Thursday, 27 February 2014

Tobacco Products Directive - not just a smoke screen

I know everyone is fixated now on the success of the proposal for the Common European Sales Law in the European Parliament's first vote, but it should not escape our attention that yesterday the European Parliament also voted on the Tobacco Products Directive (finally!). While the proposal for the CESL regulation will now have to be negotiated through the Council, the Tobacco Products Directive has been adopted yesterday after a long and controversial (see our previous posts, e.g. On lobbying in Brussels) legislative process and we expect the new Directive to enter into force in May 2014 (with the transposition period for the Member States of 2 years and some longer phase-out periods provided for). As we have previously written (One last menthol cigarette?) the new law focuses on improving awareness among smokers of the detriments it brings to their health, decreasing its attractiveness. 

The future packaging of cigarettes will need to be covered with more of both textual and visual health warnings (65% on top and back thereof - placed on the top edge, and 50% on the sides) (New rules for tobacco products), which should increase visibility of this information. With that in mind it has also been determined that a cigarette pack would need to have a cuboid shape and contain minimum 20 cigarettes - the bigger the package, the bigger the warning on it. This means that, e.g., the slim cigarette packs that often appeal to women will be prohibited. Tobacco producers will be prohibited from encouraging their clients to use cigarettes by placing misleading elements on the packs - e.g. references to lifestyle benefits, taste, absence of additives, special offers etc. Similar rules will apply to roll-your-own tobacco products. Some more discretion was given to the Member States as to how to regulate smokeless products, pipe tobacco and cigars. Member States are also allowed to strengthen the protection of the citizens by e.g. allowing plain packaging if it would be justified by public health grounds and would not create hidden barriers to cross-border trade. Quite a revolution for some of the smokers out there would be that menthol cigarettes would be banned after a phase-out period of four years. In general, any flavourings that would disguise the taste of tobacco will be prohibited, however, the additives necessary for the manufacture of tobacco products remain valid to be used.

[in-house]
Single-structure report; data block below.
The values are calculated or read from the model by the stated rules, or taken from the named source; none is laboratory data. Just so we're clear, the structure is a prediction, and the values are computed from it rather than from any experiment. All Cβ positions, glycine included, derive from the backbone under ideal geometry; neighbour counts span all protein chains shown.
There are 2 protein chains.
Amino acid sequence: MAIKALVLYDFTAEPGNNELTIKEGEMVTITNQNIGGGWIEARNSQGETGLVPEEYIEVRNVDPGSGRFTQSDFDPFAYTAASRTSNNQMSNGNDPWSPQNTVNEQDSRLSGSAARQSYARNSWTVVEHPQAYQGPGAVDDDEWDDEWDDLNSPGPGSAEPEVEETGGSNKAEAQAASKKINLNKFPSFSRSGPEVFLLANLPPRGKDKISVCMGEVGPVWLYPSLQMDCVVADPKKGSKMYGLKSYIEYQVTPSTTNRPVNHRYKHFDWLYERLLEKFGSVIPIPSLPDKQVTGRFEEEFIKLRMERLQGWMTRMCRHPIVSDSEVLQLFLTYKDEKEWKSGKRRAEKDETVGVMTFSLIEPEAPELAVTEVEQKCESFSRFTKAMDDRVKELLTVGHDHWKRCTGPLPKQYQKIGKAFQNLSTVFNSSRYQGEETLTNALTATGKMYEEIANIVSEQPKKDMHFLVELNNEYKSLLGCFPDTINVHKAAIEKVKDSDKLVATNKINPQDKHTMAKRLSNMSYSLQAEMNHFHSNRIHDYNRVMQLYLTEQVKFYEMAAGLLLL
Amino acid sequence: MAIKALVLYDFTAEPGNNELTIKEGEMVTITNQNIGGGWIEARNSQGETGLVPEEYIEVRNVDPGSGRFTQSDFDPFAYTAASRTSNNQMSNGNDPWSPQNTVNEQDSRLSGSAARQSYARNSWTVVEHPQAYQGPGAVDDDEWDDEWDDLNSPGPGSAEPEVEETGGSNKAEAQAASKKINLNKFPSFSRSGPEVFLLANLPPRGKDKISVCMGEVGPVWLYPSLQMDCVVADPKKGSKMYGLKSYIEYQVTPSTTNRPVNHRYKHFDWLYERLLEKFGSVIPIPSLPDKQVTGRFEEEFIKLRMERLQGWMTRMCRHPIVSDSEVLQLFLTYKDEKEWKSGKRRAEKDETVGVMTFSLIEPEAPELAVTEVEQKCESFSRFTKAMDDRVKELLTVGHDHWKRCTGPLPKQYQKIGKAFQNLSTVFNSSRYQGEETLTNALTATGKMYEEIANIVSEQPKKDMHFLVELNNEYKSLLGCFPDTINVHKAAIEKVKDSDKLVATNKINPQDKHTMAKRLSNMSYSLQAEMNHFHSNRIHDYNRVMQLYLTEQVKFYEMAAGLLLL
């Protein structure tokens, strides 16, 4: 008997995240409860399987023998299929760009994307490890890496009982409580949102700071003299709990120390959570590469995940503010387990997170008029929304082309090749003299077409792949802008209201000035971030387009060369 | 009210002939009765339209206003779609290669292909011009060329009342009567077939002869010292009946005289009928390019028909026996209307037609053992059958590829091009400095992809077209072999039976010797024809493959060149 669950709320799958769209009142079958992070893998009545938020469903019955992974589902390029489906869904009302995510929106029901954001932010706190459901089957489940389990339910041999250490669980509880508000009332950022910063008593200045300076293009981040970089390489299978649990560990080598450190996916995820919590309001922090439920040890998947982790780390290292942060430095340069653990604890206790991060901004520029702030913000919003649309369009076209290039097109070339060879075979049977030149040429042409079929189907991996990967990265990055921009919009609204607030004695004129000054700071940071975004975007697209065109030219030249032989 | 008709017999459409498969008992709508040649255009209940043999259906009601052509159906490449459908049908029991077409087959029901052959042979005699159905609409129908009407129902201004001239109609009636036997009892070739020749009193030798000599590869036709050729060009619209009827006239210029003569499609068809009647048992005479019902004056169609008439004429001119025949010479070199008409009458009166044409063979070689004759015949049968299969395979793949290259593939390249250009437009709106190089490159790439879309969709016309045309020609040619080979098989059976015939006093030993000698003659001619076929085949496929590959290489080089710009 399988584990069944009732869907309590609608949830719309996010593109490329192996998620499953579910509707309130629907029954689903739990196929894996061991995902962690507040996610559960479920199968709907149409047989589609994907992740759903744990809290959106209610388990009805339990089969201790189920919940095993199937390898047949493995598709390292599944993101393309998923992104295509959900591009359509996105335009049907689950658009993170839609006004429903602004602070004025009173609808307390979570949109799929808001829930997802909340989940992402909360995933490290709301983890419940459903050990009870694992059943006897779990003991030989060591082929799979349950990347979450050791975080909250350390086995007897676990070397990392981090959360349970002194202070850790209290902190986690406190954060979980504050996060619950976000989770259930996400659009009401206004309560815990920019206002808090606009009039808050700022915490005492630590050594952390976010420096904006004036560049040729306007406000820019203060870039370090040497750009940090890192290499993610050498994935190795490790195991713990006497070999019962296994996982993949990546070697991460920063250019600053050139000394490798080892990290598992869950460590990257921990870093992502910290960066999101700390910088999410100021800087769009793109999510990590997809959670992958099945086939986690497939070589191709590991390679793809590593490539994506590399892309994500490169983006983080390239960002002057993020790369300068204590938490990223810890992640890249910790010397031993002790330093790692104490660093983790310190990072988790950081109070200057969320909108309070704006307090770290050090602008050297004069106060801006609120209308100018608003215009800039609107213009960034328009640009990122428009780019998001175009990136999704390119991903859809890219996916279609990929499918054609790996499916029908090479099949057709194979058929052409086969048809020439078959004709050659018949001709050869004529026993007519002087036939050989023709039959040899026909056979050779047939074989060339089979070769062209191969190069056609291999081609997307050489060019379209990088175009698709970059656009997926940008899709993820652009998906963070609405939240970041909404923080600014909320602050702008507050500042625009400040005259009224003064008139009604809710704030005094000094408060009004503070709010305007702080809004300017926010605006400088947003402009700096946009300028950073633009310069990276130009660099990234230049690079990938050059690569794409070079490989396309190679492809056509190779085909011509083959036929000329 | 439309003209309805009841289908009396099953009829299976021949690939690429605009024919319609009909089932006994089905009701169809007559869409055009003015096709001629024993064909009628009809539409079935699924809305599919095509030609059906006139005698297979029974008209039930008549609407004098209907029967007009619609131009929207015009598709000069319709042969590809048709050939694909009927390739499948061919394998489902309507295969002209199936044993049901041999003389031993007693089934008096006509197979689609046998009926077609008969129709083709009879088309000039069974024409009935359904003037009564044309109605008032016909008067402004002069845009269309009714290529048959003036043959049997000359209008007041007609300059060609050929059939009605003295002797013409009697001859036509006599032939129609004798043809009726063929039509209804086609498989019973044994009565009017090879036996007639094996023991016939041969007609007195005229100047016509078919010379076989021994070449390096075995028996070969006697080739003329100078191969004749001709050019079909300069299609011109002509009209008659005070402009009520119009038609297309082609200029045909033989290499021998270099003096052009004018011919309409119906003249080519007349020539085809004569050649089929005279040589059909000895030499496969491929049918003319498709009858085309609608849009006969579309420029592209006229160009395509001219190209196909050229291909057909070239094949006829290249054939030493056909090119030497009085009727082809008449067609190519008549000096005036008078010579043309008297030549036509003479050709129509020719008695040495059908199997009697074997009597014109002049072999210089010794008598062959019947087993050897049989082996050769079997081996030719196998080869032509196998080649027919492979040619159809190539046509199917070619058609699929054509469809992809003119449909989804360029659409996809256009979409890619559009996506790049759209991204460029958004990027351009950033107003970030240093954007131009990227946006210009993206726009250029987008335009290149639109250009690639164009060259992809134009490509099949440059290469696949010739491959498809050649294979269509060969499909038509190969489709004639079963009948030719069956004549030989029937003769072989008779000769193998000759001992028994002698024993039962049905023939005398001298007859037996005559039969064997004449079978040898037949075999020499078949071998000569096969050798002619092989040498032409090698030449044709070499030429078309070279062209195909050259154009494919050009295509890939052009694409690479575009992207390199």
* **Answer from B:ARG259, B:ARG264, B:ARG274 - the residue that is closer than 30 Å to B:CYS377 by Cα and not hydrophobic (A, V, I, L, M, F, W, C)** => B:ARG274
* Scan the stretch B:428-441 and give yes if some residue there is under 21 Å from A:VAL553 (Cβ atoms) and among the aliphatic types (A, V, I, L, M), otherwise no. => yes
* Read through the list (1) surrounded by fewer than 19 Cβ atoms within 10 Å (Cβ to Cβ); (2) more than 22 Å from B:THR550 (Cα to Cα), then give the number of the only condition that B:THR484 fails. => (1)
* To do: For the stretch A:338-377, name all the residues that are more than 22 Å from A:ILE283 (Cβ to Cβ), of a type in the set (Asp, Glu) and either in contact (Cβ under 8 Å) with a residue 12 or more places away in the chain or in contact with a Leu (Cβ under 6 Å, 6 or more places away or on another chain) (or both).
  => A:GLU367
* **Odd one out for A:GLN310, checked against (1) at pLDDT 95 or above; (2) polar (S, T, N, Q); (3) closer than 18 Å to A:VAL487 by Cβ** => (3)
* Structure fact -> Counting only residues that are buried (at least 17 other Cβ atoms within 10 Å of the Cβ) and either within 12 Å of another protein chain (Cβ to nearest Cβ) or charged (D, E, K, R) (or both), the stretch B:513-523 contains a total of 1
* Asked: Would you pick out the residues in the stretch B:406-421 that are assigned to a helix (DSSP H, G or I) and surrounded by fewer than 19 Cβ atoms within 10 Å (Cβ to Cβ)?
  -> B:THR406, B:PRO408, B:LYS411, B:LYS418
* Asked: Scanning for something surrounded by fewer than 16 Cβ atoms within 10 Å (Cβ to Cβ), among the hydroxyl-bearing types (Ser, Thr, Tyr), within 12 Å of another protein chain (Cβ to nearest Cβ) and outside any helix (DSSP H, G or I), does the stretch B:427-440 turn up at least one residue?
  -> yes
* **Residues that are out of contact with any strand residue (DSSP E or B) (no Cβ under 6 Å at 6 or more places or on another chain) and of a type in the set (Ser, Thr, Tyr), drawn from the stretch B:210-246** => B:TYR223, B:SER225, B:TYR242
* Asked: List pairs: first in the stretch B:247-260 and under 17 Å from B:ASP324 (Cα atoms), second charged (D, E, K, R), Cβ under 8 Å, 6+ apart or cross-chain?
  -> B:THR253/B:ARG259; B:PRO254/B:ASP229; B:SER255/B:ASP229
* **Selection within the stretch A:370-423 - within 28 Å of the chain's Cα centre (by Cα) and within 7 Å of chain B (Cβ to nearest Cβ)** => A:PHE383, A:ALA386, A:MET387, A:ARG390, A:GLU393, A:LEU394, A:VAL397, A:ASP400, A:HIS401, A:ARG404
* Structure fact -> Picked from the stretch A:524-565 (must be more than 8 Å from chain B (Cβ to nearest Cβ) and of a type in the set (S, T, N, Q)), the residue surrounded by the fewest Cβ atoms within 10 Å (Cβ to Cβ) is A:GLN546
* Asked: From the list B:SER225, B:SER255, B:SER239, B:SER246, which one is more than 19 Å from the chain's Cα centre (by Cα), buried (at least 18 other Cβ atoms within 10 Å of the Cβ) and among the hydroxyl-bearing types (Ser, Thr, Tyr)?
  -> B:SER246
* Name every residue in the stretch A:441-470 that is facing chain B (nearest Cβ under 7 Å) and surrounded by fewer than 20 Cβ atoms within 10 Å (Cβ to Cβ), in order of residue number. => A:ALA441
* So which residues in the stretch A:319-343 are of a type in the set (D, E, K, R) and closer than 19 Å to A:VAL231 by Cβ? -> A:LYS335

The new Directive will also start regulating e-cigarettes which is a new product that slowly starts gaining in popularity on the market. The Directive sets a maximum nicotine concentration level for e-cigarettes and a maximum volume for cartridges (which should be child-proof) as well as also regulates the duties to inform consumers by placing health warnings on the packs together with instructions for use etc.

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